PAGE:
Quoted on the Northerner blog, Kevin Duffy, founder of Hebden Bridge independent Bluemoose, criticises London gladhandling: ‘When big money advances are thrown at wunderkinds and celebrities, usually unearned, then the literary ringmasters have to keep spinning in order that those writers they’ve heavily backed keep getting their gongs and the media attention that follows.’ But I would say that kind of Tammany Hall literary politics has an analogue in the independent/underground world. The logic is: we’re independents, everyone’s against us so we need to praise and plug each other’s stuff relentlessly, regardless of quality. (For an example, the Northerner blog basically consists of a rave about Bluemoose written by Bluemoose’s online editor.) Whatever the scale, critical thinking goes out the window. The fact is that literary worlds exist because writers like anyone else are into community and tend to cluster around their own kind – although I would argue that a bolt of solitude never did anyone any harm and that it’s important to spend time with people with whom you have nothing in common.

And yet, and yet, and yet: there is a good point made here. The Granta list was indeed underwhelming, to the extent that even tame broadsheet critics could summon only customary praise. The list is so UEA lite that even the news that Granta has a US editor raised my eyebrows. Publishing like everything else that matters is congealed around North London enclaves. And there is an unspoken attitude that everywhere past the M25 is a kind of wasteland, howling with wind and ghosts. The idea that Leeds of all places can’t inspire great fiction – this beautiful city with its perfect fusion of the urban and the rural – is philistinism crystallised. The South is full of dull commuter towns and London is full of shitty boroughs with nothing going on. When I first went to university in Yorkshire I was struck by the multiplicity of upper middle class southern accents. The county was full of young people who had escaped tedious coastal suburbs to the urban north. Owen Hatherley, in his marvellous long essay on the Pulp Sheffield rock band, argues that this mass migration north happened because lonely teenagers escaped the drear of Andover or Little Holling through northern music like the Verve, Pulp and the Smiths.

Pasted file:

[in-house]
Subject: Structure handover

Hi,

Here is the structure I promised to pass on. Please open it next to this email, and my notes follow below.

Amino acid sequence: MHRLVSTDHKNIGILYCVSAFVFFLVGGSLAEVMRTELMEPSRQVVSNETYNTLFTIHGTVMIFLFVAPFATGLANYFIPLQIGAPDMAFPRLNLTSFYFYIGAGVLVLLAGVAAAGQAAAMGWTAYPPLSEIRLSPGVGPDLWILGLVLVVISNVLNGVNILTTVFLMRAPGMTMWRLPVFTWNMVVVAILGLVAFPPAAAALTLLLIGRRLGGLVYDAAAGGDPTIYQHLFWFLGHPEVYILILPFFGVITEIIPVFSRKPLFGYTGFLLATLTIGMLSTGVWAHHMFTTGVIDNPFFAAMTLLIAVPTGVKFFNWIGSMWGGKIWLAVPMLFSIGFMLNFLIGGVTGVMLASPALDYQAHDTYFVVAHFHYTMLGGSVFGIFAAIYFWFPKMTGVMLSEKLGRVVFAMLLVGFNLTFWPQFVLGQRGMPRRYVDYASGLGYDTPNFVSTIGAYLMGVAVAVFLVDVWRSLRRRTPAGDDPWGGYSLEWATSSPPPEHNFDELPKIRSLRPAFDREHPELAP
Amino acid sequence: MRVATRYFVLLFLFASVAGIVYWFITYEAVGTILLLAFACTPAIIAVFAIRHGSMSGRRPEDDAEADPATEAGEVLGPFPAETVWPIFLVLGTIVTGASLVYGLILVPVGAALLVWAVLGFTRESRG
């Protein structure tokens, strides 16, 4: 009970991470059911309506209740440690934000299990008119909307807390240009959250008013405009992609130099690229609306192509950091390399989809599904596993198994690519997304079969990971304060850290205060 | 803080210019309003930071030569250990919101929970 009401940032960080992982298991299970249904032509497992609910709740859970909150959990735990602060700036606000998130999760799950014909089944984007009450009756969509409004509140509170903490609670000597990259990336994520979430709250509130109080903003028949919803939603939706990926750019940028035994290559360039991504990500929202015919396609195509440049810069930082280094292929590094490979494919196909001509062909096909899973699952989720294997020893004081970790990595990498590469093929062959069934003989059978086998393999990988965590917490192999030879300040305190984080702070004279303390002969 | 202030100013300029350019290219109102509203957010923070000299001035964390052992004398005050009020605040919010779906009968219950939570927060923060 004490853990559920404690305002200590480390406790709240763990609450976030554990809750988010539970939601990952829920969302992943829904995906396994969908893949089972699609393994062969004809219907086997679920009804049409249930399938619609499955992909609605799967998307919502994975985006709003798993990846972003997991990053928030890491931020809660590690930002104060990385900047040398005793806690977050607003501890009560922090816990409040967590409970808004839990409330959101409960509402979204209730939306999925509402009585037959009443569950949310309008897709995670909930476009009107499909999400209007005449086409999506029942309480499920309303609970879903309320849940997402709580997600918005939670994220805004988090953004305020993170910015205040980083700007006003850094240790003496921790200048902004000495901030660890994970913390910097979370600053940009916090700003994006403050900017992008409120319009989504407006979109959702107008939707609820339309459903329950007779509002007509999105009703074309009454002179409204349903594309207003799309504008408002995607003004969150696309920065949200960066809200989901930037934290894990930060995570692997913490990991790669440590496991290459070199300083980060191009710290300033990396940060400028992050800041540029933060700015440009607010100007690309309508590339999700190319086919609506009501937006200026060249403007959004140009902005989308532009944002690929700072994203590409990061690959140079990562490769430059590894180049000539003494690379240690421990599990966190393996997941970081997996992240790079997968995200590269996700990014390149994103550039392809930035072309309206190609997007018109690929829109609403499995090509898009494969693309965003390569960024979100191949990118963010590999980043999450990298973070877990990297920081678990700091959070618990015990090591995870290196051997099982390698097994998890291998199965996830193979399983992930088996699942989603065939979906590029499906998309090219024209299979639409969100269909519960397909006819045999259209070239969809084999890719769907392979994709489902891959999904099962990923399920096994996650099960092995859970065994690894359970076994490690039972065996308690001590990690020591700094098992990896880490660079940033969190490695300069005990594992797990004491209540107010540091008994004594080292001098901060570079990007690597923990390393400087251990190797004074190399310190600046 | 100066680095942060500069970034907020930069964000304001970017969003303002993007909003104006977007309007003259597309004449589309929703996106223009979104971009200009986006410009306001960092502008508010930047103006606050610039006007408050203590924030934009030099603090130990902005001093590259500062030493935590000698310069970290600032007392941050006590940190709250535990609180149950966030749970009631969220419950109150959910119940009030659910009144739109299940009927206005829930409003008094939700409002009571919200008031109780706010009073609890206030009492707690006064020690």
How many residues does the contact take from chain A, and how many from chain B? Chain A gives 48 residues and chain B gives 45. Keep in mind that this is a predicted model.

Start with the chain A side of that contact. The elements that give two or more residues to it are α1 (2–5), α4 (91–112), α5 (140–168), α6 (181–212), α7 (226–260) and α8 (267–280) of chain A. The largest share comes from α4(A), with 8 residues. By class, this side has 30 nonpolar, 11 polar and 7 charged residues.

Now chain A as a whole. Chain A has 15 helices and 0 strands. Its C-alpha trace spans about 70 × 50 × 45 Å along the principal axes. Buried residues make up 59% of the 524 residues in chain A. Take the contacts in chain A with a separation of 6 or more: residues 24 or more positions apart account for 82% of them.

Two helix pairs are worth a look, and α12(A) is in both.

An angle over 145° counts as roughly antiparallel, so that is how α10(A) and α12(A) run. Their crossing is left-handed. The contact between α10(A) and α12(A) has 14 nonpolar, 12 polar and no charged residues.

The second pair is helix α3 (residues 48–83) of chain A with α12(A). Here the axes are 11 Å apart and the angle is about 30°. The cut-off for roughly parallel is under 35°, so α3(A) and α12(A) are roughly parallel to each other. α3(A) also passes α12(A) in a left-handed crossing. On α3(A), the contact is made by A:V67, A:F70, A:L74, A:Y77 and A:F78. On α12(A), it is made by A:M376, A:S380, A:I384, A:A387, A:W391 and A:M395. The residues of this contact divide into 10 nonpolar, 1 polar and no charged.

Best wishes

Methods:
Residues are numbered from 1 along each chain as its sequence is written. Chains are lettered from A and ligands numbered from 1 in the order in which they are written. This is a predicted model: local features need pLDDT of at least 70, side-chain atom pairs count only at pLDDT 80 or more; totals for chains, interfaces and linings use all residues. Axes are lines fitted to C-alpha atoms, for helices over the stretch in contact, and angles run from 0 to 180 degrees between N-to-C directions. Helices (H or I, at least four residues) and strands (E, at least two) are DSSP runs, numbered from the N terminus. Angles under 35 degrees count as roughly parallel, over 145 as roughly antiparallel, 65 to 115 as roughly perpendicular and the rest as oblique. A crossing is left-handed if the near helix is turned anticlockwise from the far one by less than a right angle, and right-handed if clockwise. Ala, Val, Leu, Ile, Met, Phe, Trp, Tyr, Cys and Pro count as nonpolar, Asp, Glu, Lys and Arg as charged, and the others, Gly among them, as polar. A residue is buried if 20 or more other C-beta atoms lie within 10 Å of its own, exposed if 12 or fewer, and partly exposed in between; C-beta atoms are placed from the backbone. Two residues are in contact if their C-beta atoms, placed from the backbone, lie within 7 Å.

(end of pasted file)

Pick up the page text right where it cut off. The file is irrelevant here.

All I’m saying is that sitting on the sidelines and cursing our chances gets us nowhere. It’s like politics: people complain that the North is hardest hit by the recession and hardest hit by the coalition’s voodoo austerity strategy. True. And worth saying. But self pity is not a strategy. An endless discussion of the nature of the problems doesn’t solve the problems. Accept it, deal with it, try and work it as best you can.